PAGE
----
Coming right on the heels of my need to set up a git repository on shared hosts, I next wanted to see if I could use HTTP authentication for such a repository. Of course, HTTP authentication is an extremely insecure protocol, but it typically is enough to dissuade the casual user (such as Googlebot) from peeking at things you don’t want available on the public Internet, so it has its uses.
Note that with the set up described in the above-linked previous post, you can only pull over HTTP. This is usually what you want. If you want to be able to push over HTTP as well, git must be compiled with the
This is, as it turns out, because
git seems to use
curl for its HTTP operations, which also obviously means you must have
curl installed on your workstation if you don’t already and it also implies that it’s
git which you need to configure. In other words, accessing a git repository that is behind HTTP authentication is exactly the same as accessing one without it, and so is publishing a git repository to an HTTP server. The rest of this short tutorial assumes you have published your repository at
http://example.com/git/public-repo.git and are using the Apache web server.
Step 1: Create an HTTP Basic Authentication username and password file
First, you’ll need to create a file that lists the usernames who are permitted to access your repository over HTTP Basic authentication. This is easily accomplished with the
htpasswd utility (or your host’s custom web UI, if one is provided). Let’s create a file called
.git-htpasswd to store these usernames and passwords.
From your shell, run the following command:
htpasswd -c /path/to/DOCUMENT_ROOT/.git-htpasswd username
where /path/to/DOCUMENT_ROOT is the full path to the root directory of your web site and username is the username you want to add. If you want to add subsequent users to this file, run the same command again without the
-c, like this:
htpasswd /path/to/DOCUMENT_ROOT/.git-htpasswd another_username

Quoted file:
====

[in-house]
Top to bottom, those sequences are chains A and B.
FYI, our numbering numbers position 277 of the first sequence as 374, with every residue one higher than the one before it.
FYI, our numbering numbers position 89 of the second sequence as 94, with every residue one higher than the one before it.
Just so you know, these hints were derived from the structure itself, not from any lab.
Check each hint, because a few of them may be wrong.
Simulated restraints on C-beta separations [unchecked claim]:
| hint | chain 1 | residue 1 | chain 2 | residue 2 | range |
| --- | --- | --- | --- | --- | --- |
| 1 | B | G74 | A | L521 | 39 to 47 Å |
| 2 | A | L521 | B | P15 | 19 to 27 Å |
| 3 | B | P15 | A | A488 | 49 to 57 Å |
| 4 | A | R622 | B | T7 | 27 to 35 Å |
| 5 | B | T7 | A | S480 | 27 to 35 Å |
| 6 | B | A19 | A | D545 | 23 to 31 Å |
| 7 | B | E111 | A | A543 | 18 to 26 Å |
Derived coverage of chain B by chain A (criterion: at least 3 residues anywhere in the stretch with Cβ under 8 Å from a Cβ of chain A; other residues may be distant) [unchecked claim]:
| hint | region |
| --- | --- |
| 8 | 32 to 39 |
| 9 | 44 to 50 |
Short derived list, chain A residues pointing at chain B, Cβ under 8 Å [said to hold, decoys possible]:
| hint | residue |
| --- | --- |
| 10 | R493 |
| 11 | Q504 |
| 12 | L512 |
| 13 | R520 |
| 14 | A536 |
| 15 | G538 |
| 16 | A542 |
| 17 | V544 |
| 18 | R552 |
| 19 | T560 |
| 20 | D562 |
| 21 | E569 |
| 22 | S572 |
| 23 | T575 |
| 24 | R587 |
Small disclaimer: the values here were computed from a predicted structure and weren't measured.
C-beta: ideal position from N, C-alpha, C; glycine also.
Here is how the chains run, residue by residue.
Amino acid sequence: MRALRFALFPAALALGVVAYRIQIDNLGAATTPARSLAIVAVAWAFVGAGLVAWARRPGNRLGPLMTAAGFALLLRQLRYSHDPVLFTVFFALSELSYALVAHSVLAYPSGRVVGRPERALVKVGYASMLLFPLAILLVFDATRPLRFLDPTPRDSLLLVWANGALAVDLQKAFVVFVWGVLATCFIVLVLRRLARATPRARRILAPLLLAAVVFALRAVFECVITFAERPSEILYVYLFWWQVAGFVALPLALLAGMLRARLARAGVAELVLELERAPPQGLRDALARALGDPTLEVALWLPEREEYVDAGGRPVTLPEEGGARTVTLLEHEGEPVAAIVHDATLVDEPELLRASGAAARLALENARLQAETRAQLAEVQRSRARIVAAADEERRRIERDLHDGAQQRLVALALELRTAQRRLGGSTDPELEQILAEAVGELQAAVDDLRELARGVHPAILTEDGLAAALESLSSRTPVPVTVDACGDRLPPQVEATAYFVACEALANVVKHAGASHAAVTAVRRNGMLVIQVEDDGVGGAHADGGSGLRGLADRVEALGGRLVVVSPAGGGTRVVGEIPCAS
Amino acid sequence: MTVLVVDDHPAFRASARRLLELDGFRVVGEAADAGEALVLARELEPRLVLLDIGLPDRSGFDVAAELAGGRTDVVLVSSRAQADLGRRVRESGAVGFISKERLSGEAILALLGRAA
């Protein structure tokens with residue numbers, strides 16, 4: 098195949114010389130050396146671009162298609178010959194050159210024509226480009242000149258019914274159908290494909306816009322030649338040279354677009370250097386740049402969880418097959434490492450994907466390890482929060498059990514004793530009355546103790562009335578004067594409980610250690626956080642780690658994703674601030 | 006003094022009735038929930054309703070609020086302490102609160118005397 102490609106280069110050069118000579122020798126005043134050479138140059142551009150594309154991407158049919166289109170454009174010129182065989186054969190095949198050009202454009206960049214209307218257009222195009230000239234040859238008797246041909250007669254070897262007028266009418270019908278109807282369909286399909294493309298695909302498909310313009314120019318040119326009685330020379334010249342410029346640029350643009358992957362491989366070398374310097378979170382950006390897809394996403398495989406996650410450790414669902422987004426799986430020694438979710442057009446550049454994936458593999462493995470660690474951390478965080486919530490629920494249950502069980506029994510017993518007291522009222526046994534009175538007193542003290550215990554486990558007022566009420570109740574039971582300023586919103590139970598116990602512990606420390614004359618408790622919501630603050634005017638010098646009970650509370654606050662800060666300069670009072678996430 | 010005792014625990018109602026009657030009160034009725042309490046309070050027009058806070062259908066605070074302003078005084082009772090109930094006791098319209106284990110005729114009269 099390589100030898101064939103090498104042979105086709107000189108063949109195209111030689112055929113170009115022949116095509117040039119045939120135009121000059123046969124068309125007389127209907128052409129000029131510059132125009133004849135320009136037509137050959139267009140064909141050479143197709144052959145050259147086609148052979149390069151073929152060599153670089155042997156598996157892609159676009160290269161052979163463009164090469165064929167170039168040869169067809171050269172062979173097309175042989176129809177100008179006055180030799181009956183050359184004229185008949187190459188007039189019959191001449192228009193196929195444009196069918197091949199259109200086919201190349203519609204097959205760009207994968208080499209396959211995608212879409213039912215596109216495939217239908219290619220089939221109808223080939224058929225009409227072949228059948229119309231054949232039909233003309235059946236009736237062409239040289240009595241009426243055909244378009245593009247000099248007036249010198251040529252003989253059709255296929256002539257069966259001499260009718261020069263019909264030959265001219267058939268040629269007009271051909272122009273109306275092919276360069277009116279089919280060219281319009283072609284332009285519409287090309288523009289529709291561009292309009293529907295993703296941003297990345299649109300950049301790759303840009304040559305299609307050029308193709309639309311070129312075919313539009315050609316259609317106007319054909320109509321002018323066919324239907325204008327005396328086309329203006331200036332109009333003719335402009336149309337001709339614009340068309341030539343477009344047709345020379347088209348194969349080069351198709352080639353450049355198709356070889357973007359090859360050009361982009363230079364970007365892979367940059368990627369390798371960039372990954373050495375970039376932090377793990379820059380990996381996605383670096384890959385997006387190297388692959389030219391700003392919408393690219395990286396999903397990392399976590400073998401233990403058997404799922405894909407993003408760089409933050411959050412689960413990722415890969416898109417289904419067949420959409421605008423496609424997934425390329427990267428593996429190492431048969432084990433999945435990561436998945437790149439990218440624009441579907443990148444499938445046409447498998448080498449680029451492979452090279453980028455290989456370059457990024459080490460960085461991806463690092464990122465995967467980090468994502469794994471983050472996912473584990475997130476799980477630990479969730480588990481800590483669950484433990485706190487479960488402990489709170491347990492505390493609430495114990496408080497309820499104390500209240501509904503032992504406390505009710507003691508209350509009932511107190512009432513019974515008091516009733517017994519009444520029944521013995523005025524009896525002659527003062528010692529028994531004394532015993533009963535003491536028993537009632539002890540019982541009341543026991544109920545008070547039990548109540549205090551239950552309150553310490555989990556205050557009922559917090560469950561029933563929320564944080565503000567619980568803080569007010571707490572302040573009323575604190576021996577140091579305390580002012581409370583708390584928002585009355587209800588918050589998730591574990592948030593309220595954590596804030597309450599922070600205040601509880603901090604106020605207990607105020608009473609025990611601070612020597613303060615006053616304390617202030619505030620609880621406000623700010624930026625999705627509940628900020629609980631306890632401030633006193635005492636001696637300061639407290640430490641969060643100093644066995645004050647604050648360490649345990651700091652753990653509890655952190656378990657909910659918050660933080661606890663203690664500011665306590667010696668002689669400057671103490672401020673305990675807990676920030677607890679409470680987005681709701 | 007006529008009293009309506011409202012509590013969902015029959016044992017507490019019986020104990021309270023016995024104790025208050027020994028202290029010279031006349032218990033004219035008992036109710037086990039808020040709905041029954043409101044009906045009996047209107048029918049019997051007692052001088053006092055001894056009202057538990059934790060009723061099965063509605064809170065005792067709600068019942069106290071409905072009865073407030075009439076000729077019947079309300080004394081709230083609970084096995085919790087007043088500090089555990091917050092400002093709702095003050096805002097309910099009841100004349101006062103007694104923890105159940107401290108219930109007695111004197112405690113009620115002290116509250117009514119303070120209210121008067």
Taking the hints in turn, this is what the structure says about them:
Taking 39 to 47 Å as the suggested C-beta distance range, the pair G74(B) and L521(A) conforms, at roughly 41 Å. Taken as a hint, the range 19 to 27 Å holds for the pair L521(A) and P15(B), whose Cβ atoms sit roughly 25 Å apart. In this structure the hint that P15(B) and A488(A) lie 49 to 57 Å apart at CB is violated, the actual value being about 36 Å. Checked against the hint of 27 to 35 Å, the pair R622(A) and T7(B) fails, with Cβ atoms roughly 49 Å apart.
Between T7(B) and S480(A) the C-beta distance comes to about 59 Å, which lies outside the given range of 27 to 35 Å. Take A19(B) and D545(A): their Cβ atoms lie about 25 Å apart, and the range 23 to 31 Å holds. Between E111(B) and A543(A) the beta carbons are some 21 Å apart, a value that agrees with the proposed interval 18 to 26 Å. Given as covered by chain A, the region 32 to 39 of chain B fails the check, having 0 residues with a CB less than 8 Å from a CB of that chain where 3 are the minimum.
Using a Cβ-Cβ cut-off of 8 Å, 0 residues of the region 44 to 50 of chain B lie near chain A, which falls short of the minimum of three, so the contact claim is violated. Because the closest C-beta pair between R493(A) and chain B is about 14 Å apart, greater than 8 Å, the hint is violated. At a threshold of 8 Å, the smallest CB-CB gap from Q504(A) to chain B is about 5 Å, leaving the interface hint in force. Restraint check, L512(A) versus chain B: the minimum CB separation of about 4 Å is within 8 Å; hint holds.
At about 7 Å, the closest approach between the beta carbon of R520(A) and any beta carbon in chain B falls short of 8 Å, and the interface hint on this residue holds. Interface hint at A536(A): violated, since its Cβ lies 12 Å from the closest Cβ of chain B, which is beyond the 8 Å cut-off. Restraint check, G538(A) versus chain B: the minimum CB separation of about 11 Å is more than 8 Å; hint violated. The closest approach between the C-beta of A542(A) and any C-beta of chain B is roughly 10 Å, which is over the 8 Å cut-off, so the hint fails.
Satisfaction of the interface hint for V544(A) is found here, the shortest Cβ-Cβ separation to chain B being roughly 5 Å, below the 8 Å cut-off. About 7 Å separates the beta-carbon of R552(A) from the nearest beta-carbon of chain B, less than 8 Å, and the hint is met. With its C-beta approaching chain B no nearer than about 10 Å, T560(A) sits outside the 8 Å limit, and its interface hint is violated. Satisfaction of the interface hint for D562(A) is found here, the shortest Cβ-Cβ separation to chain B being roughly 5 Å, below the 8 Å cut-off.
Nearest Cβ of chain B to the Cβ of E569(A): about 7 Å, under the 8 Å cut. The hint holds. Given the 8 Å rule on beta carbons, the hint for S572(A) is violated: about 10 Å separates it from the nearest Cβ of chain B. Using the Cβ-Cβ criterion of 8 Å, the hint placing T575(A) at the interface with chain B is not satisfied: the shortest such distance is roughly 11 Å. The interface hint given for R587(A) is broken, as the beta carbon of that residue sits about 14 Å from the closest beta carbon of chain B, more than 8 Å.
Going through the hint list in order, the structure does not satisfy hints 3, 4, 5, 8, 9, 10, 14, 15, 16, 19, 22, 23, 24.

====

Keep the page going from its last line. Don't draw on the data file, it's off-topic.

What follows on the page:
You’ll then be prompted to enter a password, and then prompted again to verify that you’ve typed it correctly.
Step 2: Configure HTTP Basic Authentication on Apache
Next, configure standard HTTP Basic Authentication on Apache. In most shared hosting environments, you’ll be allowed to configure per-directory passwords using
.htaccess files. Some hosts provide web UI interfaces for creating “protected folders,” which is basically the same thing. Make certain that the kind of protection you select is “Basic,” because
curl will require that.
To do that, create a new file named
.htaccess in your
DOCUMENT_ROOT/git directory if one does not already exist with the following contents:
AuthType Basic AuthName "Git" AuthUserFile /path/to/DOCUMENT_ROOT/.git-htpasswd Require valid-user
This tells Apache to look for usernames and passwords in the file named
.git-htpasswd we created in step 1.
If everything is set up correctly, you should now be able to access
http://example.com/git/public-repo.git in your Web browser and you should be presented with a login dialogue box.
Step 3: Configure
curl on your (client) workstation computer
Next, configure your local
git-pull will call
curl with its
--netrc-optional switch for HTTP operations. This means
curl will look for a file named
.netrc in your home directory and will read authentication configurations from that file. The format of this file is incredibly simple:
machine yourserver.example.com username your_username password your_password
To check if this is working correctly, run
curl yourself to access the current
HEAD of the public repository and see if you get the expected result:
curl --netrc --location -v http://example.com/git/public-repo.git/HEAD | grep 'ref: refs/heads'
If you see a line of output then you know this is working, otherwise you should double check your work.
Step 4: There is no step four
You’re done. With this configuration, you can
git-pull as you normally would, and
git will automatically use your
.netrc file to enable
curl‘s HTTP authentication schemes.